TV

Soundtrack review: Chicago Fire season 1 (Atli Orvarsson – 2015)

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„Chicago fire” is a TV show about the lives and tribulations of firefighters and paramedics. It’s probably the kind of show I could easily get attached to since I’ve been known to binge watch similar shows about doctors, cops or lawyers. What sets this show apart from others though is that it gets regular score releases. Atli Orvarsson wrote the music and I’ve been familiar with is work on various Hans Zimmer projects. He’s part of the Zimmer camp. When I think firefighters and Hans Zimmer I immediately think Backdraft. Of course the connections here are very loose but still it gives me a start.

The “Chicago Fire suite” which I guess serves as the main theme is mostly Celtic in influence and gives me a very good feeling. It’s followed by “After the fire” which is vintage Remote Control Productions goodness because the female background voice and the light epic sound of it are very familiar to me. It immediately resonates with me and I can imagine a scene soaked with emotions. I can already see myself caring for the characters and suffering with them. The vocal insert returns in “Darden’s memory” and I am beginning to wonder just how much death is in this show. These themes sound elegiac and seem to focus on some forever gone past.

As I listen to this score it becomes clear to me that I will be more attached to the emotional cues. The action pieces are alright but when I hear a piece like “Giving thanks” I feel warm and fuzzy inside. I get the same feeling I do when I listen to Thomas Newman’s best dreamy cues…I recognize that soulful piano and it recognizes me. The way this cue develops I am expecting it to end in a couple of minutes but Atli Orvarsson keeps it going and adds layer after layer of emotion through instruments and I have time to form a fantasy and explore what the music opens up for me while this beautiful cue, in its turn, has time to find a permanent place to camp inside me.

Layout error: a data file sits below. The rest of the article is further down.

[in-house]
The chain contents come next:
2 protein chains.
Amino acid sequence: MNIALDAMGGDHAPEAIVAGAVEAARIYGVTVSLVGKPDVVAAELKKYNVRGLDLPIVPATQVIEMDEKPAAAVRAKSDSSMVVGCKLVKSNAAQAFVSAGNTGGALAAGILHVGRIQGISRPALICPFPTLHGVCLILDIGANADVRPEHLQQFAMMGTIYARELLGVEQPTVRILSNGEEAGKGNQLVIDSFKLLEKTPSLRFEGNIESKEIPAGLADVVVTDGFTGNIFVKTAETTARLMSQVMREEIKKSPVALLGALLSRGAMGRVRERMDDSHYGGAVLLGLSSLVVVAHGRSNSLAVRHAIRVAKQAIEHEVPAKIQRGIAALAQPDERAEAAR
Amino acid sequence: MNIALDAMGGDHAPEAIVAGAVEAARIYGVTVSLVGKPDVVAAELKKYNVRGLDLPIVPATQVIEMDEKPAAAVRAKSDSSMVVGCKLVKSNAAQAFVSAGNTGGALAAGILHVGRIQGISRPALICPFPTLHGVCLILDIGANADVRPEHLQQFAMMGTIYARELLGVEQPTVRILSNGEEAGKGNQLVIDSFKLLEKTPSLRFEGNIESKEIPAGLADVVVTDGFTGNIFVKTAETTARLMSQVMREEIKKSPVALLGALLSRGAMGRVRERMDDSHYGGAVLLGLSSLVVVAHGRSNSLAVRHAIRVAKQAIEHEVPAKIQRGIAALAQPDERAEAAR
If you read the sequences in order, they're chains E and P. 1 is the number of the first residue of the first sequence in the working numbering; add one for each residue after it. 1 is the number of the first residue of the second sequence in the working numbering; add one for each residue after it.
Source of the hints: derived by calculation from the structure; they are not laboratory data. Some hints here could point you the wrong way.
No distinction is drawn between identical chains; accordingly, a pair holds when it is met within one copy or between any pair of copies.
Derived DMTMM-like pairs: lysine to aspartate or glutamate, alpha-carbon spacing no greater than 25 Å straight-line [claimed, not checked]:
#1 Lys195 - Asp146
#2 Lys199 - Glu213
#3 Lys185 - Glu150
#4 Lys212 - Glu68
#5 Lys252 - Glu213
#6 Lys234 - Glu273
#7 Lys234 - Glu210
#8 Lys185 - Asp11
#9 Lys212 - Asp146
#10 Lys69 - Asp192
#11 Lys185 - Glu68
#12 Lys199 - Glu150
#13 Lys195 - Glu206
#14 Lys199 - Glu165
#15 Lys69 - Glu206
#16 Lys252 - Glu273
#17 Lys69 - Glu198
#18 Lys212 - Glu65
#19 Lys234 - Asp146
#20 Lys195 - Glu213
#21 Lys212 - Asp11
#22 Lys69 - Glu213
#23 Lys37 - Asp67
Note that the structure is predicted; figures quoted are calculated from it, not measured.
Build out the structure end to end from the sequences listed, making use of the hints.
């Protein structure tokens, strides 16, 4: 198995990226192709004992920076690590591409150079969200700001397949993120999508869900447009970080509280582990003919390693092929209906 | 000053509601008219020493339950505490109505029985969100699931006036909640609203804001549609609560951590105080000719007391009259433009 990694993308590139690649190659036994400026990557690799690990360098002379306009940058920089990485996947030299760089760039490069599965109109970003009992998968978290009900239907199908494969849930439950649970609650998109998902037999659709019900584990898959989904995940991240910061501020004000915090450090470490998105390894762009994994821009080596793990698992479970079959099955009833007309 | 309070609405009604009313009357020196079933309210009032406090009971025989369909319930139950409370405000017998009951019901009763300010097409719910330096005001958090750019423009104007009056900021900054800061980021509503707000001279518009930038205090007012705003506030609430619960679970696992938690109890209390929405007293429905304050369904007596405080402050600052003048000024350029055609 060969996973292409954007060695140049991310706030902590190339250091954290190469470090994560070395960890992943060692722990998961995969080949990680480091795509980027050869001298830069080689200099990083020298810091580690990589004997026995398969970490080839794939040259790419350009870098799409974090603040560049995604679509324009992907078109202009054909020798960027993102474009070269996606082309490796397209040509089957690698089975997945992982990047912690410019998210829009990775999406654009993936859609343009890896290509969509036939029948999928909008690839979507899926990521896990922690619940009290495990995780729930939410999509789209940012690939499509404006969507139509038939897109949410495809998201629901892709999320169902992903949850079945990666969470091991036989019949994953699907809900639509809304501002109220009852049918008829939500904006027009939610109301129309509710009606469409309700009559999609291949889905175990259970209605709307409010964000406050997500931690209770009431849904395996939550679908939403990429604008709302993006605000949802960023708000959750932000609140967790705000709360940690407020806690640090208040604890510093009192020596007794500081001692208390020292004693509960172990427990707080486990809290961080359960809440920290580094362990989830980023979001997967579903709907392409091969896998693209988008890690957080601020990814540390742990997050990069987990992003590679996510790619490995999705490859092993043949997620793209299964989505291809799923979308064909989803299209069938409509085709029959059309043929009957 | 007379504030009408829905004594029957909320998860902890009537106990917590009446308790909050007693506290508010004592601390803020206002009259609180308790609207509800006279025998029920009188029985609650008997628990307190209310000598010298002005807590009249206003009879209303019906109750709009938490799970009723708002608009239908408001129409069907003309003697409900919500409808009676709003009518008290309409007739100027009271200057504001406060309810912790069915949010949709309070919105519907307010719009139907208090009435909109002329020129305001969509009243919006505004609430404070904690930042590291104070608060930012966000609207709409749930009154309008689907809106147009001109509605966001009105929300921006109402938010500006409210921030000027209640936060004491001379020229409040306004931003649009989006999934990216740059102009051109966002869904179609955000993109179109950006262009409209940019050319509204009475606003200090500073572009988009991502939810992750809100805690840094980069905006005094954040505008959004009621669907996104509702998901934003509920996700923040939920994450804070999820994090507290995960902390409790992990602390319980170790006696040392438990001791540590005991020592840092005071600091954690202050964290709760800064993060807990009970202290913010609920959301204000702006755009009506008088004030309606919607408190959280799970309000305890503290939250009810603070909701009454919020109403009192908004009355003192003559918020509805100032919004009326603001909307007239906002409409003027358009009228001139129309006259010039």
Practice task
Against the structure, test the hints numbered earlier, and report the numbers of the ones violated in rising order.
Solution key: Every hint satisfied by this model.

The mood of “Chicago Fire season 1” is mostly reflective. I mentioned Thomas Newman because “Helluva fighter” or “Peter’s message” sends me to the hot summer afternoons of “Shawshank redemption”. This is the sound and the thing is, I could listen to cues like these for hours. They have an eerie ambient sound that I can never get enough of. The music of a TV show is a shadow for the on screen images but in this case after a few minutes the shadow slowly pulls away from the source image and flies away on its own. The first half of the score made me forget about the show it serves and made me embrace it as a wonderful standalone listening experience.

The second half of the score brings the action and it’s the usual electronic fast paced affair. I am probably more dismissive of this part because it woke me up from the sweet dream I was having while listening to the ambient cues. The action pieces sound real and I wanted to get back to the fantasy. The composer indulges my wish with “A hell of a ride” and “Hallie’s gone” and the music established its identity. It will be hard to me now to start watching the show because the music is separated for me and I’ve created my own paths for it. Dreamy, reflective and beautiful paths…

“Chicago Fire season 1” sounded  more like a movie score than the one for a TV show. TV show scores usually have shorter and more to the point cues and don’t always develop such a precise sound. Atli Orvarsson’s score expresses a narrative thread and I am expecting a conclusion, an epilogue. And yet once it’s over I know I will listen to the sequel. I hope the music for season 2 is just as brilliant as this one. I wasn’t expecting to listen to an ambient score but I am extremely happy that the composer went down this road.

Cue rating: 87 / 100

Total minutes of excellence: 30 / 48

Album excellence: 62%

Highlights:

After The Fire

Giving Thanks

Darden’s Memory

Helluva Firefighter

Peter’s Message

A Hell Of A Ride

Hallie Is Gone

Fireman Salute

Cruz’ Sins

About the author

Mihnea Manduteanu

I have been listening to film music for 25 years and writing about it since 2014. I've written over 1000 reviews and I can't imagine myself doing anything else. I am also a member of IFMCA (International Film Music Critics Association).

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